……..and what do you say?

I was watching “This morning” yesterday and Gino D’acampo was cooking with Holly and Phil. Holly was making a point of reminding Gino to say please when he asked her to chop something or put something in the pan to cook. It got me wondering about manners and how important they are to us Brits and are they as important to other cultures.

Like many people in this country I was brought up to say please and thank you all the time and manners are very important to me. When I first met Hasan and started living with him I did get annoyed with him when he didn’t say please or thank you, it just didn’t occur to him to do so. Obviously there are words in Turkish for please and thank you but I rarely heard them in the same context as we use them. Teşekkür ederim  means thank you and is used to reply to someone asking about someones well being, response to a compliment, but not when being given something like a drink etc;  lütfen is the word for please and I hardly ever heard that uttered in all the time I spent in Turkey.

Hasan and I used to argue about it quite often because without saying please it felt like he was just barking orders at me and I really didn’t like it. Also it really bugged me when I made him a cup of tea or gave him something and he never said thank you. It only took a short while for him to see the light and he quickly caught on that if he wanted an easy life he should remember his manners.

So after watching Gino being prompted several times by Holly on the show I’m thinking maybe it’s the same in Italian culture.

The things we say

One of the problems in a mixed cultural marriage is the differences in language. Even before I met Hasan, when holidaying in Turkey, I learnt a few Turkish phrases such as hello how are you?, yes/no and where is the toilet?. But when Hasan and I got together and later married the need to speak Turkish was more important to me as none of his family and very few of his friends spoke English. As anyone who is married to a Turkish man knows, I had very little help from Hasan so I attended quite a few Turkish lessons, but the best thing I got out of them was meeting some very good friends. So through my own research, perseverance, practice and support from friends in the same boat, I can now understand a lot of what is being said to me as long as it’s spoken clearly. I can now speak enough Turkish to get by in basic conversations, for shopping and out and about.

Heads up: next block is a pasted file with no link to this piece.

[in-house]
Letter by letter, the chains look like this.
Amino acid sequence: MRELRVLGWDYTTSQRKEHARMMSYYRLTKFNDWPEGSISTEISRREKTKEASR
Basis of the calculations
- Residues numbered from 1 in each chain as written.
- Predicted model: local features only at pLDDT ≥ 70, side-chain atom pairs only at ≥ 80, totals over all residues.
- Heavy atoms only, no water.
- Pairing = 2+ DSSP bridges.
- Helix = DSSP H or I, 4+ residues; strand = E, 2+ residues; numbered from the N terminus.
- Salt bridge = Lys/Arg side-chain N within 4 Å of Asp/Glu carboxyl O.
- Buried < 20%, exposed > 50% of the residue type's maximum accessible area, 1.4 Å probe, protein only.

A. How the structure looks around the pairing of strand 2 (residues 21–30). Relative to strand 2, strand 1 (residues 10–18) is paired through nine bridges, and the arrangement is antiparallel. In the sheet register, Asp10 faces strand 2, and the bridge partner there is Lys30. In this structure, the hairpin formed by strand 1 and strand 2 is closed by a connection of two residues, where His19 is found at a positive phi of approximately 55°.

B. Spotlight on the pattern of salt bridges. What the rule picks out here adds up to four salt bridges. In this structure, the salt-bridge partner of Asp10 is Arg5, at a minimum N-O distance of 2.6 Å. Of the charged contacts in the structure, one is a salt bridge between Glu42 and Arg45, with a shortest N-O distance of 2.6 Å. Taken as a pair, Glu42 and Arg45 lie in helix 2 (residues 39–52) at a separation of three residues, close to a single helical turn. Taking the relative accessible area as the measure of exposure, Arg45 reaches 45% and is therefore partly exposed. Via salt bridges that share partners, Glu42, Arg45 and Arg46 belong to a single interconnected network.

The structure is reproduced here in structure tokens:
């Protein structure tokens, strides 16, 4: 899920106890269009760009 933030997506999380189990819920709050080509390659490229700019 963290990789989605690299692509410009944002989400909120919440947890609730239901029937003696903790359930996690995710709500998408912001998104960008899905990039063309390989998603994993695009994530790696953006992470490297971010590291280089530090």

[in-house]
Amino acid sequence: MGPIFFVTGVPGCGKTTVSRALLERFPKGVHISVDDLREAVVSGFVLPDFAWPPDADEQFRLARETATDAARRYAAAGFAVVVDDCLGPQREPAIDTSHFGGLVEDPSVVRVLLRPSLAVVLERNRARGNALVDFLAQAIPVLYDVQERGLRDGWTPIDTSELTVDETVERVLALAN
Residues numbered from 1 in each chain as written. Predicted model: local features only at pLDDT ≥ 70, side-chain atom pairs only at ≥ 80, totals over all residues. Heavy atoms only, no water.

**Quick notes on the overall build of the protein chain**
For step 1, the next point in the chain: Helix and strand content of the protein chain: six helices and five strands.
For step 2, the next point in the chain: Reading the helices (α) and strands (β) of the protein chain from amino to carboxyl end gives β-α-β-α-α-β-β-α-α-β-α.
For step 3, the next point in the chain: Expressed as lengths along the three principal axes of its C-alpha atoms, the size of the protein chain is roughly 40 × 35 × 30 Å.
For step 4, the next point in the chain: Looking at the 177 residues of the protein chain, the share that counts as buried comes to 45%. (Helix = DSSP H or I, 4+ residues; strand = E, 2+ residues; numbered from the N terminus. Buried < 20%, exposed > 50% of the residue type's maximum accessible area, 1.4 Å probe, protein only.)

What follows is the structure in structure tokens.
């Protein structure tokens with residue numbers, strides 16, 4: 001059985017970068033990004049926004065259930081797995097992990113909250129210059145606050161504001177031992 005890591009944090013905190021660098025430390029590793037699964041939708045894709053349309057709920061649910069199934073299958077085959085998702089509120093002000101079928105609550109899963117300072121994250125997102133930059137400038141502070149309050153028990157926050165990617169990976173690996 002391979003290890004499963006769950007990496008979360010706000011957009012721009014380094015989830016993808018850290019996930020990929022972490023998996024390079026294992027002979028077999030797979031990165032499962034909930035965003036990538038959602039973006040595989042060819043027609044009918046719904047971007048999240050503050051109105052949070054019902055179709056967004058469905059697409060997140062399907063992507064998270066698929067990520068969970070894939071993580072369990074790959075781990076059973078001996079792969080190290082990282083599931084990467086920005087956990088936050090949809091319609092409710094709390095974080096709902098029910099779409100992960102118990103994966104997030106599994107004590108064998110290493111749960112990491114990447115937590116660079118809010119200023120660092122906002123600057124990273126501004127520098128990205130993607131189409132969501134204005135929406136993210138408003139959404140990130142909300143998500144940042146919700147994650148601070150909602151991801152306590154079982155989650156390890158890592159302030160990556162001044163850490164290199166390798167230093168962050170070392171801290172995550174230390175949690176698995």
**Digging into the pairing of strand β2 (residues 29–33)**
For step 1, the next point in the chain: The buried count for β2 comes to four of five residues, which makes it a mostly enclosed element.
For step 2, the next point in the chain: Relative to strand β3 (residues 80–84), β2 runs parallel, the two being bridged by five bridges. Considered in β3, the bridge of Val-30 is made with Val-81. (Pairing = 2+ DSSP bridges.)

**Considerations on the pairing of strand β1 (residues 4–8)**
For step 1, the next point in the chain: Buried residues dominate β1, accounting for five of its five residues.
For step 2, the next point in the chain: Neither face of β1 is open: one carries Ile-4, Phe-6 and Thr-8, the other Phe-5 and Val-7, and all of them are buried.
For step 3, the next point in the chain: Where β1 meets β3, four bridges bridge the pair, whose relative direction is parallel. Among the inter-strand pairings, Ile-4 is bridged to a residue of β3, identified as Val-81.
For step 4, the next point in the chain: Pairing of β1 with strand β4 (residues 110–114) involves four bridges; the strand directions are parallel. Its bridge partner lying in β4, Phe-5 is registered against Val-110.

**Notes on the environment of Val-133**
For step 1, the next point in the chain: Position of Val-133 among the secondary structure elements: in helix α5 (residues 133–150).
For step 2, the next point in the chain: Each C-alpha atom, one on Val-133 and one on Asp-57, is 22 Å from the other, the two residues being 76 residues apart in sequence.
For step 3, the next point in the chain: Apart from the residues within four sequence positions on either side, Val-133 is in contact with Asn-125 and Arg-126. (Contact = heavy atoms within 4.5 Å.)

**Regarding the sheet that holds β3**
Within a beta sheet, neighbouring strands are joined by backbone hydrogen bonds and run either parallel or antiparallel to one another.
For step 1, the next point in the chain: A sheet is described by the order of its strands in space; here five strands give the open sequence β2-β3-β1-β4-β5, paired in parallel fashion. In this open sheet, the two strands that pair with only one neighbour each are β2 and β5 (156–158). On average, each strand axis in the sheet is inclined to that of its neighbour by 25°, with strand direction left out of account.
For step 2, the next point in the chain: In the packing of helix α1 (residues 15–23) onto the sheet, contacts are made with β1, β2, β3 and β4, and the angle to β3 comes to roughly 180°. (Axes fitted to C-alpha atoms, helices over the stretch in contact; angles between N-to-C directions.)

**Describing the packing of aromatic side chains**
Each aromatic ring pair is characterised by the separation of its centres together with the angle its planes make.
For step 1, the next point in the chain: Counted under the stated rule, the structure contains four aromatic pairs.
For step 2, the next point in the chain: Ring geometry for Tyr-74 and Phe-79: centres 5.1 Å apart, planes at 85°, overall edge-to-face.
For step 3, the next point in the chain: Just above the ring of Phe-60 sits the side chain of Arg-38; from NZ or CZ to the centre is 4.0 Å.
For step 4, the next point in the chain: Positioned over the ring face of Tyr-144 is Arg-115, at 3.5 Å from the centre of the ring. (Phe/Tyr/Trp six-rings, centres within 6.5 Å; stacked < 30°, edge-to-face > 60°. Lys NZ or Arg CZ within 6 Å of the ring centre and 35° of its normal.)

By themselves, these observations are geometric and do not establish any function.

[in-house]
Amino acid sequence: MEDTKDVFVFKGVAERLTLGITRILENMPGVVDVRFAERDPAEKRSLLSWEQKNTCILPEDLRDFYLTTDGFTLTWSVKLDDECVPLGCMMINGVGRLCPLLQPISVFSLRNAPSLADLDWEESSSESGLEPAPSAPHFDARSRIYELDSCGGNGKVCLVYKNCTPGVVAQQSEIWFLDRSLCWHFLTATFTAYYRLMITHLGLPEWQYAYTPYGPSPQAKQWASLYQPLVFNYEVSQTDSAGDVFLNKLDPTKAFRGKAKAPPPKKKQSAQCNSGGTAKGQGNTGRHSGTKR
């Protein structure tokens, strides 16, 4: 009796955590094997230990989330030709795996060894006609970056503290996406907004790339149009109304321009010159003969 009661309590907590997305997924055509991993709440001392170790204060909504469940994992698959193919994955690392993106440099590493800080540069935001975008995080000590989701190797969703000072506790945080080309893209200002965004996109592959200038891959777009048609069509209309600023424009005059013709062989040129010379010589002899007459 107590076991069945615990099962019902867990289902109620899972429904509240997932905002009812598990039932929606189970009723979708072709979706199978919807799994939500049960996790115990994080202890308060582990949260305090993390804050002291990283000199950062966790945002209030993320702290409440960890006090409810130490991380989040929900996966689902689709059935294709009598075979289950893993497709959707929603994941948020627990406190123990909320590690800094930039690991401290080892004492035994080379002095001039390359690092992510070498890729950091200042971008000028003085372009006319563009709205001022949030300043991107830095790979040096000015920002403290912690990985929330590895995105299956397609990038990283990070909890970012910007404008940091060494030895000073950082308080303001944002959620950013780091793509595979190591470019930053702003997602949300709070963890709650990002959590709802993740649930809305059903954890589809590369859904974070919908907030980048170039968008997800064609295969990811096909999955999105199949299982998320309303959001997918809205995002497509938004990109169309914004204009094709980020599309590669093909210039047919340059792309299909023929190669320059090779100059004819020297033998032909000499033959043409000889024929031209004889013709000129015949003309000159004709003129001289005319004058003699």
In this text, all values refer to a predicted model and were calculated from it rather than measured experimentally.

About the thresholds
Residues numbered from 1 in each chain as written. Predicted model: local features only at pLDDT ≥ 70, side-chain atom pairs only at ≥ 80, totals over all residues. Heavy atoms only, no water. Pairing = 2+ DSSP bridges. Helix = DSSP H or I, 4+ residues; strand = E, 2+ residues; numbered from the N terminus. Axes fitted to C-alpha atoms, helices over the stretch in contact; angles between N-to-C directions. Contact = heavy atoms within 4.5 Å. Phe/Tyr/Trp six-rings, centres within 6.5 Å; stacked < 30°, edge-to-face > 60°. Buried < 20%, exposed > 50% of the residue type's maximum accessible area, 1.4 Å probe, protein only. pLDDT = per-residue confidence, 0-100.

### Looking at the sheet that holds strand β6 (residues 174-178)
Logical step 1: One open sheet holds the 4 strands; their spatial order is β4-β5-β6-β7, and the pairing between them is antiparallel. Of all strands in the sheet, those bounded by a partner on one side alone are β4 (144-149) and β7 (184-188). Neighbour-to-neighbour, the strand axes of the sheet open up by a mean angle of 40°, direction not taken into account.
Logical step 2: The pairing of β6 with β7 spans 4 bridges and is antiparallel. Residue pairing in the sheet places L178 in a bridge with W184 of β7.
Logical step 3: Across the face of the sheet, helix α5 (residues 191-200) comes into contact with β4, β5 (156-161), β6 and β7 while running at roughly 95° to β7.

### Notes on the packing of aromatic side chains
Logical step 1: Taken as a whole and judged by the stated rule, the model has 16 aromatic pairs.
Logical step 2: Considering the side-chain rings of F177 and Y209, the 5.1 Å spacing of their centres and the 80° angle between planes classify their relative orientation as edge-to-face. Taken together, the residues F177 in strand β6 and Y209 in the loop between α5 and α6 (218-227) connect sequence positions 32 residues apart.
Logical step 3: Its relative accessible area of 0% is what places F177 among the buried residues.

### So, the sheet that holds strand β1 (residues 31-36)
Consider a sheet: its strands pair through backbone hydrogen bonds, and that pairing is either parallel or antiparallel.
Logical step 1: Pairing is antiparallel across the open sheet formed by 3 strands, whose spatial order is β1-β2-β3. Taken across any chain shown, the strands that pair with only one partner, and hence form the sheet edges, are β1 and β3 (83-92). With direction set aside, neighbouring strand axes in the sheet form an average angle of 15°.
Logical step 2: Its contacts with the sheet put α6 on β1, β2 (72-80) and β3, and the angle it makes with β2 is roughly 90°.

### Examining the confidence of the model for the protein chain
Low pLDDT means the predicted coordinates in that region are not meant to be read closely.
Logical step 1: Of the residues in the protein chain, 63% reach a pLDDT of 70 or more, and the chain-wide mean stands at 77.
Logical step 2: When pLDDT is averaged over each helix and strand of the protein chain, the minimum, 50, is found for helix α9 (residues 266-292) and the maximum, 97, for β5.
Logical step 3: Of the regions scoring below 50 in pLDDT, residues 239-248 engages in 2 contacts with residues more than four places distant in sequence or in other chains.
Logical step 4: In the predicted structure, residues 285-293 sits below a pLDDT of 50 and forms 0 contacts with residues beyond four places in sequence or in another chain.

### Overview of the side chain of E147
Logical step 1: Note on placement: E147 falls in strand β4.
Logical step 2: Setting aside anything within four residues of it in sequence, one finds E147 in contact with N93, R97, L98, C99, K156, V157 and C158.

Luckily for me Hasan’s English is relatively good due to working in tourism for a number of years. But English is a tricky language to master completely with words with many meanings and different ways of saying the same thing. One of the things that usually foxes Hasan is my use of old English sayings, and I have to try and explain what they mean. There are many of them that are used regularly in our lovely language and I’ve just chosen a couple of them and their origins.

Daft as a brush: a nice way of saying someone is a bit silly.

There are 2 possible origins for this saying, the northern word for silly or stupid is soft and a foxes tail is known as a brush, so the original saying could have been soft as a brush. In the second one the brush refers to the chimney sweep boys who were repeatedly dropped on their heads when lowered down the chimney head first, making them a bit daft!

Between a rock and a hard place: no good alternatives in a situation.

This saying comes from Homers tale The Odyssey, the main character Odysseus has to choose a way to go between Scylla and Charybdis. Scylla is a monster on the cliffs, the rock, and Charybdis is a dangerous whirlpool, a hard place. Both were very difficult to overcome.

Hasan’s favourite English saying is “better than a slap in the face with a wet fish”, no need I think to explain that one!